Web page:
Harvard College is the oldest university in the United States. Founded in 1639, this private university is part of the eight elite schools that make up the Ivy League, and is regarded today as one of the best research universities in the world.
Students at Harvard choose one of 49 areas to focus on in their degree program—Harvard calls these areas concentrations rather than majors, like most schools. Students are also given the option of designing their own course of study if none of those designed by the college are an ideal fit. About half of courses that students take during their time at Harvard will be in their concentration, while the other half will be General Education courses.
During their undergraduate studies, Harvard students are required to take at least one course in each of the following eight areas:
- Aesthetic and Interpretive Understanding
- Culture and Belief
- Empirical and Mathematical Reasoning
- Ethical Reasoning
- Science of Living Systems
- Science of the Physical Universe
- Societies of the World
- United States in the World
Notable Facts about Harvard Academics
- The first week of every academic term at Harvard is called Shopping Week, and students are encouraged to attend as many courses as possible during that week before ultimately deciding which classes to continue in for the semester.
- Courses in a format called Tutorials are common at Harvard after freshman year. These courses are taught in very small groups or sometimes one-on-one with instructors in a student’s concentration area. These courses are designed to help students develop a scholarly approach to their field of study.
- About 50% of Harvard undergraduates choose an "honors" course of study that requires them to either write senior theses or complete original research in their field of study.
- Harvard University boasts the broad range of student groups and activities expected at a major university, with over 400 recognized student organizations, including those focused around music, visual arts, media and journalism, public service, drama, and culture.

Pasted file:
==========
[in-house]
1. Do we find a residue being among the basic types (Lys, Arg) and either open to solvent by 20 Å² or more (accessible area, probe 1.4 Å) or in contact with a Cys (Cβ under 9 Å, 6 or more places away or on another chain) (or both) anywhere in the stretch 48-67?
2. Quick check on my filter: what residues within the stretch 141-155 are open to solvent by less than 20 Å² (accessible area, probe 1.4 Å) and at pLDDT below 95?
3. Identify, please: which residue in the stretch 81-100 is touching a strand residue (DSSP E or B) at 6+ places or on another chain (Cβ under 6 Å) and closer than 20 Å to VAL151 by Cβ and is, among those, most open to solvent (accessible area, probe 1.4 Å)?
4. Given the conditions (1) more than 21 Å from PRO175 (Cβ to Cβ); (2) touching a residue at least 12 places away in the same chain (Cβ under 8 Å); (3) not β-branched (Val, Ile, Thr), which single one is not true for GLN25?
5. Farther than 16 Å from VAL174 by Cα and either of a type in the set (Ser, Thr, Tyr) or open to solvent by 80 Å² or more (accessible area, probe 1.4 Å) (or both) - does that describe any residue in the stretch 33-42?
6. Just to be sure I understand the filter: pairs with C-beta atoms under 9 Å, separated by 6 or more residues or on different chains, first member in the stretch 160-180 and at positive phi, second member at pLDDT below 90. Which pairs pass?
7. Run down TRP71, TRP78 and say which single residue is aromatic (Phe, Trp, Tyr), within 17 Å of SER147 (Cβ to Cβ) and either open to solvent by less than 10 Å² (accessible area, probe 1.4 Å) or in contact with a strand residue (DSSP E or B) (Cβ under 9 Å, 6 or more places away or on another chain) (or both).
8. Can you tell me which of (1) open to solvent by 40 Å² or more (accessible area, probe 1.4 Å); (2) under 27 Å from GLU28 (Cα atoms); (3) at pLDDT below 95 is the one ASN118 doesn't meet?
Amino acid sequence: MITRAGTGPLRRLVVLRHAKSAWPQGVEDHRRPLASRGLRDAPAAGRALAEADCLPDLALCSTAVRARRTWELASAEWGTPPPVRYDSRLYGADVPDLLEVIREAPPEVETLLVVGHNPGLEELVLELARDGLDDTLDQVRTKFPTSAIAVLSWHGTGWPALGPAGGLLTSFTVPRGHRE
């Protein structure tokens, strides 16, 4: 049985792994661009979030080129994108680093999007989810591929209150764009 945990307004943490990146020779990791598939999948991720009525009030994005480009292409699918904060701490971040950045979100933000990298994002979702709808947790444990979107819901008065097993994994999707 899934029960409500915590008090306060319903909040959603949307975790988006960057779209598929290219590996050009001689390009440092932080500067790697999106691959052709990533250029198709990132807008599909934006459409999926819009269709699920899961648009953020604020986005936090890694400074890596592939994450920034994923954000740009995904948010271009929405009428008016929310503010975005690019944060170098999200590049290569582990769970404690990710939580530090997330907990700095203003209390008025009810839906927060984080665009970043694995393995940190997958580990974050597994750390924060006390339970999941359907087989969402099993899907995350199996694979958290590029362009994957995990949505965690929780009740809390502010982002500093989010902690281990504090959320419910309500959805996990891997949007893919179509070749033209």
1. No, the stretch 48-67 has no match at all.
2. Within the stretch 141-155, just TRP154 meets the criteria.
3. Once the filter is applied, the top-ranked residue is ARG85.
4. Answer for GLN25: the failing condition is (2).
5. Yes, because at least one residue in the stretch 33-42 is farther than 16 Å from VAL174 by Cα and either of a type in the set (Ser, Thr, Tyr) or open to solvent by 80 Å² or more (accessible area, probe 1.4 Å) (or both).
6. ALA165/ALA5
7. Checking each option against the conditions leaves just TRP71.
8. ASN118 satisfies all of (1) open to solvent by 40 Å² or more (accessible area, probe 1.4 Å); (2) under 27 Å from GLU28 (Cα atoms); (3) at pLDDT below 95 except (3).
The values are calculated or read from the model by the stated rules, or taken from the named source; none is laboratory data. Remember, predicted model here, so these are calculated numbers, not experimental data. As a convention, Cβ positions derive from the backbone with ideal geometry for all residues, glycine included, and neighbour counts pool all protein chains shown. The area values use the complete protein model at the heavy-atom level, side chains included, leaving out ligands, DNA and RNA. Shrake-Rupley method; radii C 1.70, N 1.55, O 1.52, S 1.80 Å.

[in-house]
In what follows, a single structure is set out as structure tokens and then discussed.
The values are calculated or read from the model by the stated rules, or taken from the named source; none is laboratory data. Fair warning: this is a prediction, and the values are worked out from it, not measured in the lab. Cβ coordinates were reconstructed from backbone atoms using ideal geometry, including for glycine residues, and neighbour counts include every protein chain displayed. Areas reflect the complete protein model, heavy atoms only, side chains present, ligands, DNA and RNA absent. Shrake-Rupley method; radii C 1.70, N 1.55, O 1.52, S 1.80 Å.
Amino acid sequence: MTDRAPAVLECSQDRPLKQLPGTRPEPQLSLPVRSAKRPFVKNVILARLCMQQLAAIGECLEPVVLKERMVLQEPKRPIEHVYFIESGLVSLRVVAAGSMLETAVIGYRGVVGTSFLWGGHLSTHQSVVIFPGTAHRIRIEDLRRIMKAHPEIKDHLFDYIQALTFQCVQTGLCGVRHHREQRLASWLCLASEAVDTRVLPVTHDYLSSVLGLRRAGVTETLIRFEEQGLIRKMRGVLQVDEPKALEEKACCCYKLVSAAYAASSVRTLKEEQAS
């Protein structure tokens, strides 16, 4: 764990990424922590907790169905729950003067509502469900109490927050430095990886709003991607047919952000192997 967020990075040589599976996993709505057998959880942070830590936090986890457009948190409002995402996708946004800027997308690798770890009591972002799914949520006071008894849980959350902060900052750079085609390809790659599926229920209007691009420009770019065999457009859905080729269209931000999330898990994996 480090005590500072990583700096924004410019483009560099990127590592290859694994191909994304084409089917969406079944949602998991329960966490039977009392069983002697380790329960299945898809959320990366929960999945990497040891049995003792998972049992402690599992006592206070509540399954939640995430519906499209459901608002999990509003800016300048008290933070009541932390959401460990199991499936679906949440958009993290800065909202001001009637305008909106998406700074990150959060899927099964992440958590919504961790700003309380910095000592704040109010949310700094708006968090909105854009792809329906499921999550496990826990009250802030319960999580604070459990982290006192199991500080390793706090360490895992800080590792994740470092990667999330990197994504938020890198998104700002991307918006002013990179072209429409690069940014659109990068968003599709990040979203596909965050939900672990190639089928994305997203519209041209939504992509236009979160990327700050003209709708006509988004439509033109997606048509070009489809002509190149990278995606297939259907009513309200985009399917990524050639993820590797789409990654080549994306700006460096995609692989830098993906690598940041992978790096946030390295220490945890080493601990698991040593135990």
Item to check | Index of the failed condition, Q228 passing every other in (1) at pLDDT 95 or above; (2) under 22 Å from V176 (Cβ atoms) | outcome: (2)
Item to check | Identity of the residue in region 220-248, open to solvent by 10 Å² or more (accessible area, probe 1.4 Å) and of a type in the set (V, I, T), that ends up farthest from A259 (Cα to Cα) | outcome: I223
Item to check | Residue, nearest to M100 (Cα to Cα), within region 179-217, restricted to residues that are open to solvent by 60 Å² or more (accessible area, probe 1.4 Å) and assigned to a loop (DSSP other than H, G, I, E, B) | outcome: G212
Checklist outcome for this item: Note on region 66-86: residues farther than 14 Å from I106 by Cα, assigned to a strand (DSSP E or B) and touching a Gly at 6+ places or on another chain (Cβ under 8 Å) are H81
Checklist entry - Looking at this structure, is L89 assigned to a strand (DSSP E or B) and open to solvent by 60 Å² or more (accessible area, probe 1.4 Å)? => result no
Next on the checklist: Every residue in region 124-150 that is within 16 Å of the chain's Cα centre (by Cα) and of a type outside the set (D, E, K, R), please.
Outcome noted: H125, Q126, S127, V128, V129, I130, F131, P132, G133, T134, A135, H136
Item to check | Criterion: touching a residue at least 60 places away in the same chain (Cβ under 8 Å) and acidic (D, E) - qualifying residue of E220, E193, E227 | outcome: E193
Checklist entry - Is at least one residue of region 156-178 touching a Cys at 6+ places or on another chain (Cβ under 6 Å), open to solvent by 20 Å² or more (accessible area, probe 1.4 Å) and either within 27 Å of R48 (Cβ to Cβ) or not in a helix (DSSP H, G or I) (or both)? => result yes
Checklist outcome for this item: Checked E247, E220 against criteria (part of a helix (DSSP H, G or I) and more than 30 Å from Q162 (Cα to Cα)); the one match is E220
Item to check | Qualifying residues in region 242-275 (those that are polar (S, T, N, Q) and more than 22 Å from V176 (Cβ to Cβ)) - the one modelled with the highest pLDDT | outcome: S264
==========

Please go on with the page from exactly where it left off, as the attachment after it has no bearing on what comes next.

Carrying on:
- Sports are also a significant part of life for many Harvard students: the school has 42 Division I varsity teams as well as a great variety of intramural and recreational sports leagues.
- The residence hall system at Harvard is unique to the university, and a centerpiece of student life. During their first year at Harvard, students live in residence halls for freshman students only. These dorms host social events and activities designed to help new students become a part of the community at Harvard. After the first year, students typically live in one of twelve upperclass houses, which are chosen for them by lottery. These houses hold academic, recreational, and cultural activities and provide a smaller community within the larger university.
- Harvard is located in Cambridge, which is immediately adjacent to Boston. In addition to being an area rich in history and beautiful architecture, this area contains 54 different institutions of higher education.
- Mark Zuckerberg, founder and CEO of Facebook
- Margaret Atwood, American novelist
- B.J. Novak, American comedian, writer, and actor
- Barack Obama, 44th president of the United States
Admissions Statistics (for the incoming Harvard class of 2026)
- 61,200 applicants
- 3.13% admitted (an all-time low!)
- Common Application or Coalition Application (each has supplemental questions)
- ACT with writing or SAT with writing
- School Report / high school transcript
- 2 Teacher Reports
- Mid-Year School Report
- Final School Report
Note: For the upcoming classes of '27, '28, '29, and '30, Harvard University has chosen not to require applicants to submit test scores. (In other words, they're test optional for now, but you can still submit scores if you'd like.)
- Average freshman retention: 98%
- Average graduation rate (2021): 98%
Highly-rated undergraduate programs
- Physical Sciences
Notable graduate programs
- Harvard Law School
- Harvard School of Dental Medicine
- Harvard School of Divinity
High school summer programs available?
- November 1 (Early Action)
- January 1 (Regular Decision)